How To Manage Facebook Group Overload
I plan my blog calendar around a year in advance, so when I settled on this one “lockdown” was something few of us had an understanding of, let alone being part of. I wanted to write this blog originally because I was getting overwhelmed by social media, particularly the many Facebook groups I was a part of and the demands they were placing on my time.
Roll on to December 2020 and many more of us are spending more time at home, and more time on social media as a result. That means the overwhelm has only intensified for most of us and that can lead to some serious issues as a result, social media is known to trigger mental health problems, for example.
I want to share with you some of the ways in which you can reduce the overwhelm from your social media use, particularly how to manage Facebook groups you’re a member of so they’re benefitting you and your business rather than being detrimental.
Limit the number of groups you’re in
There are a LOT of Facebook groups that are relevant to us. Some we search for, some are recommended to us, some we join after we sign up for a course or membership, and some we’re added to by other people (a pet peeve btw!)
It’s easy to become a member of hundreds of Facebook groups without really realising it. It’s not until you notice how little you see of your friend’s and family’s posts because your feed is taken up with these groups posts that you perhaps realise just how problematic it can be.
There’s no doubt that networking and learning through Facebook can be beneficial to your business, but it takes time. If you’re spending ten minutes per group every day, well, do you have time for anything else?
Take a look at the groups you’re a member of and do a cull. Look out for inactive groups, those that don’t have many posts or active members, those that aren’t relevant anymore (i.e. you completed the course) and those you really don’t enjoy being a part of! You can leave those now.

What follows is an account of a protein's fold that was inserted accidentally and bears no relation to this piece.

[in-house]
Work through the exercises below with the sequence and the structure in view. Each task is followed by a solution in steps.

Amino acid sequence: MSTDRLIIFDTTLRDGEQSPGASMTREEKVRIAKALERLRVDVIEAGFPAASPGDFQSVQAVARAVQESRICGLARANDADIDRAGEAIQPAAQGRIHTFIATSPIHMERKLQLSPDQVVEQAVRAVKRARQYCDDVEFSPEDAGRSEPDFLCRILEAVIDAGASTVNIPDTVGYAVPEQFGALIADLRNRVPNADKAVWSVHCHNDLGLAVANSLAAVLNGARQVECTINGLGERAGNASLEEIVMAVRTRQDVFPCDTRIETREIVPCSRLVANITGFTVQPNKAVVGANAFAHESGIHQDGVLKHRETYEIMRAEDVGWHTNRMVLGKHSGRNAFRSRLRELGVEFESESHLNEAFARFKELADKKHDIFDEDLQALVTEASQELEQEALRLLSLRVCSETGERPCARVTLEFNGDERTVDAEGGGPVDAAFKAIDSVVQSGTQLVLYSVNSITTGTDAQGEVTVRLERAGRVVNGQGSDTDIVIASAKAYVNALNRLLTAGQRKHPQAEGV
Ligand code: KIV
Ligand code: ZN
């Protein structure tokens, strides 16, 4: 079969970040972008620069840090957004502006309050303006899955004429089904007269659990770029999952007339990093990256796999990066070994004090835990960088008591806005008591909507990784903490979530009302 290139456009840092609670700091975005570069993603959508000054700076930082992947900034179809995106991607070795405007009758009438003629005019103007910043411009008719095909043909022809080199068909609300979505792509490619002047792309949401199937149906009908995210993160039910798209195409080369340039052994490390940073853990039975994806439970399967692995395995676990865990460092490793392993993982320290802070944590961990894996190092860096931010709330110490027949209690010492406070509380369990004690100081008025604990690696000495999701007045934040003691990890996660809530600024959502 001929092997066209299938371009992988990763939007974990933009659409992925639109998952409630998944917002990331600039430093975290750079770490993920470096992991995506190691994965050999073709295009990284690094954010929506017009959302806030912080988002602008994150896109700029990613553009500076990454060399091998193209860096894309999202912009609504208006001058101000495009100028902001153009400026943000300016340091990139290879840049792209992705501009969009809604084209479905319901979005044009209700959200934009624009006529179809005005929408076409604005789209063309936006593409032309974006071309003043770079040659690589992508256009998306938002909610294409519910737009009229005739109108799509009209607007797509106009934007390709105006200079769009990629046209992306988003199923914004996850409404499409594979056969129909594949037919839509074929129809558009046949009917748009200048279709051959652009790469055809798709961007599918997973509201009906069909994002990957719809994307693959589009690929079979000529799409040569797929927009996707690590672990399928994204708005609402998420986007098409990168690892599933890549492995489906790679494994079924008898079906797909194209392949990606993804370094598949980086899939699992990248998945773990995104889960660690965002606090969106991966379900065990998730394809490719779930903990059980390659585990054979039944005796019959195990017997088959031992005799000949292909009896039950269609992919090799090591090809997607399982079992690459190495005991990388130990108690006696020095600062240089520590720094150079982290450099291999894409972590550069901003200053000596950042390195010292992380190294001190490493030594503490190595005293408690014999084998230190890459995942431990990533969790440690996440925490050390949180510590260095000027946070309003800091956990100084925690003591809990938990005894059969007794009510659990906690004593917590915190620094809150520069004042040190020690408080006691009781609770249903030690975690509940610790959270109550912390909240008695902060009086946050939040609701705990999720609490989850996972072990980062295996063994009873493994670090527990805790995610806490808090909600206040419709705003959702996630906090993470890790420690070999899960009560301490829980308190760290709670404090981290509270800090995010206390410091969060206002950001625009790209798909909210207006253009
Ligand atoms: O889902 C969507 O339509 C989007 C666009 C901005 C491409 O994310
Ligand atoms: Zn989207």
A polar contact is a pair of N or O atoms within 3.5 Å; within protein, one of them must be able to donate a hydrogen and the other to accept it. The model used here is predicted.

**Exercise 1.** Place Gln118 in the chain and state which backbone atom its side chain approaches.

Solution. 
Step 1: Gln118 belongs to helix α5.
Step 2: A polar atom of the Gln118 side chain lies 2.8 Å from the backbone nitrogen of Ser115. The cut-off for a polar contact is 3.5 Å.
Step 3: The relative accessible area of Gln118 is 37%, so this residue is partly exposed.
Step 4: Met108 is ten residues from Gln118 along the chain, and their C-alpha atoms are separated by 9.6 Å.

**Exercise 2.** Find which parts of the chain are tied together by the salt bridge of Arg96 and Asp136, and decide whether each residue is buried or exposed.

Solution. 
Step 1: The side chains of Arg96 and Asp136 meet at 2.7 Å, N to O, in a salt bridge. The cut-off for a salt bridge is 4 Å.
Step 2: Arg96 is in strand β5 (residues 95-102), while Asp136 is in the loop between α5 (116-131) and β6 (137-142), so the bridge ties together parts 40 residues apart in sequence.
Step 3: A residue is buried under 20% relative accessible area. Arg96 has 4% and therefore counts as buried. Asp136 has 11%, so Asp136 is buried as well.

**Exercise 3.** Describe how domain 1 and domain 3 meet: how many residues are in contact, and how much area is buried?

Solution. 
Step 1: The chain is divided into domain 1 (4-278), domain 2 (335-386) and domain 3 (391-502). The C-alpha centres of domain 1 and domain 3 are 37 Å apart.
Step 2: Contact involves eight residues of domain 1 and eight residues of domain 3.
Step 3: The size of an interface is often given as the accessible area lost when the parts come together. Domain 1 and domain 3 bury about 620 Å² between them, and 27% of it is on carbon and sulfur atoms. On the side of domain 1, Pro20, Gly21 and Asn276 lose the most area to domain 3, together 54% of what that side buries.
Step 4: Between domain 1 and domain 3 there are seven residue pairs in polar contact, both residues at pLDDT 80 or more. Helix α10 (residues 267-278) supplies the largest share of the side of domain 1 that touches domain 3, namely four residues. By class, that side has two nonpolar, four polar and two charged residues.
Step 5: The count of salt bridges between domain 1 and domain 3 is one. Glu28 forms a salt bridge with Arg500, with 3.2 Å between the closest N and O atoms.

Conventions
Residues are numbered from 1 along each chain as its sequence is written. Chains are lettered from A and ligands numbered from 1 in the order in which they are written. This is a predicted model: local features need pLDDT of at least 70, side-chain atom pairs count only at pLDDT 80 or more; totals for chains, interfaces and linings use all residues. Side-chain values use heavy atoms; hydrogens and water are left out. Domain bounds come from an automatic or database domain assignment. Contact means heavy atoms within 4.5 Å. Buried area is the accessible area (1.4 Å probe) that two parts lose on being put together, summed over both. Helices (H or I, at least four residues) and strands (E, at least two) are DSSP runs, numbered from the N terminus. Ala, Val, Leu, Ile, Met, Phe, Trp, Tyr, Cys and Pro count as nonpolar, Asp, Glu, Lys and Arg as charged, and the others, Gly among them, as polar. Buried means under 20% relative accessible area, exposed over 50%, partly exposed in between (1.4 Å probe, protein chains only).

Make a note of the groups you’re not sure about and come back to them next month -have you used them in that time? If not, ditch them.
Limit the time you spend on Facebook groups
I’ve already touched on this briefly but minimise the time you spend in these groups.
The best way to do that is by having a plan. What is the benefit of that group to you and how can you achieve it in less time? Having a checklist to run through can help – check for new posts, respond to a post and follow up on a post might be on yours. Just make sure you don’t end up getting lost down the rabbit hole!
Many people use Facebook groups for marketing purposes, with many groups having set days where you can share your blog posts, promote your offerings, etc. Create a spreadsheet of these groups and the days you can do these things, then look at this and go to the relevant groups for that day (rather than trying to check every group every day).
Do prioritise the groups that bring the most benefits/opportunities your way. If you only have thirty minutes to spend on Facebook each day, spend it in the groups that you’re more likely to get work from and save the other groups for when you have more time.
Limit the notifications you receive from your Facebook groups
Facebook settings have a tendency to change whenever they do an update, so you might have joined a group and set the notifications to “highlights”, but it’s now changed to “all posts”.
Go into each group you decide to remain a member of and tweak the notification settings to suit you. It might be a good idea to set the best groups to “all posts” but if it’s a very active group this can quickly get overwhelming. “highlights” is the best in most cases.
You can even turn notifications off, which might be a good idea if you’re part of a group that belongs to a course or membership and you don’t want to be notified when everyone else has a question!
If you really want to reduce your Facebook overwhelm and you do have time to visit your groups regularly, setting all notifications to “off” might be a good idea (but only if you’re comfortable with potentially missing something important).
Reducing social media overwhelm, particularly from Facebook groups, is all about setting boundaries – oftentimes being strict with yourself! By limiting the number of groups, the time you spend on them and how you hear from them will help you to be more efficient and effective when you do interact with them. Remember, they’re there to benefit your business so if they’re not doing that, change things until they do!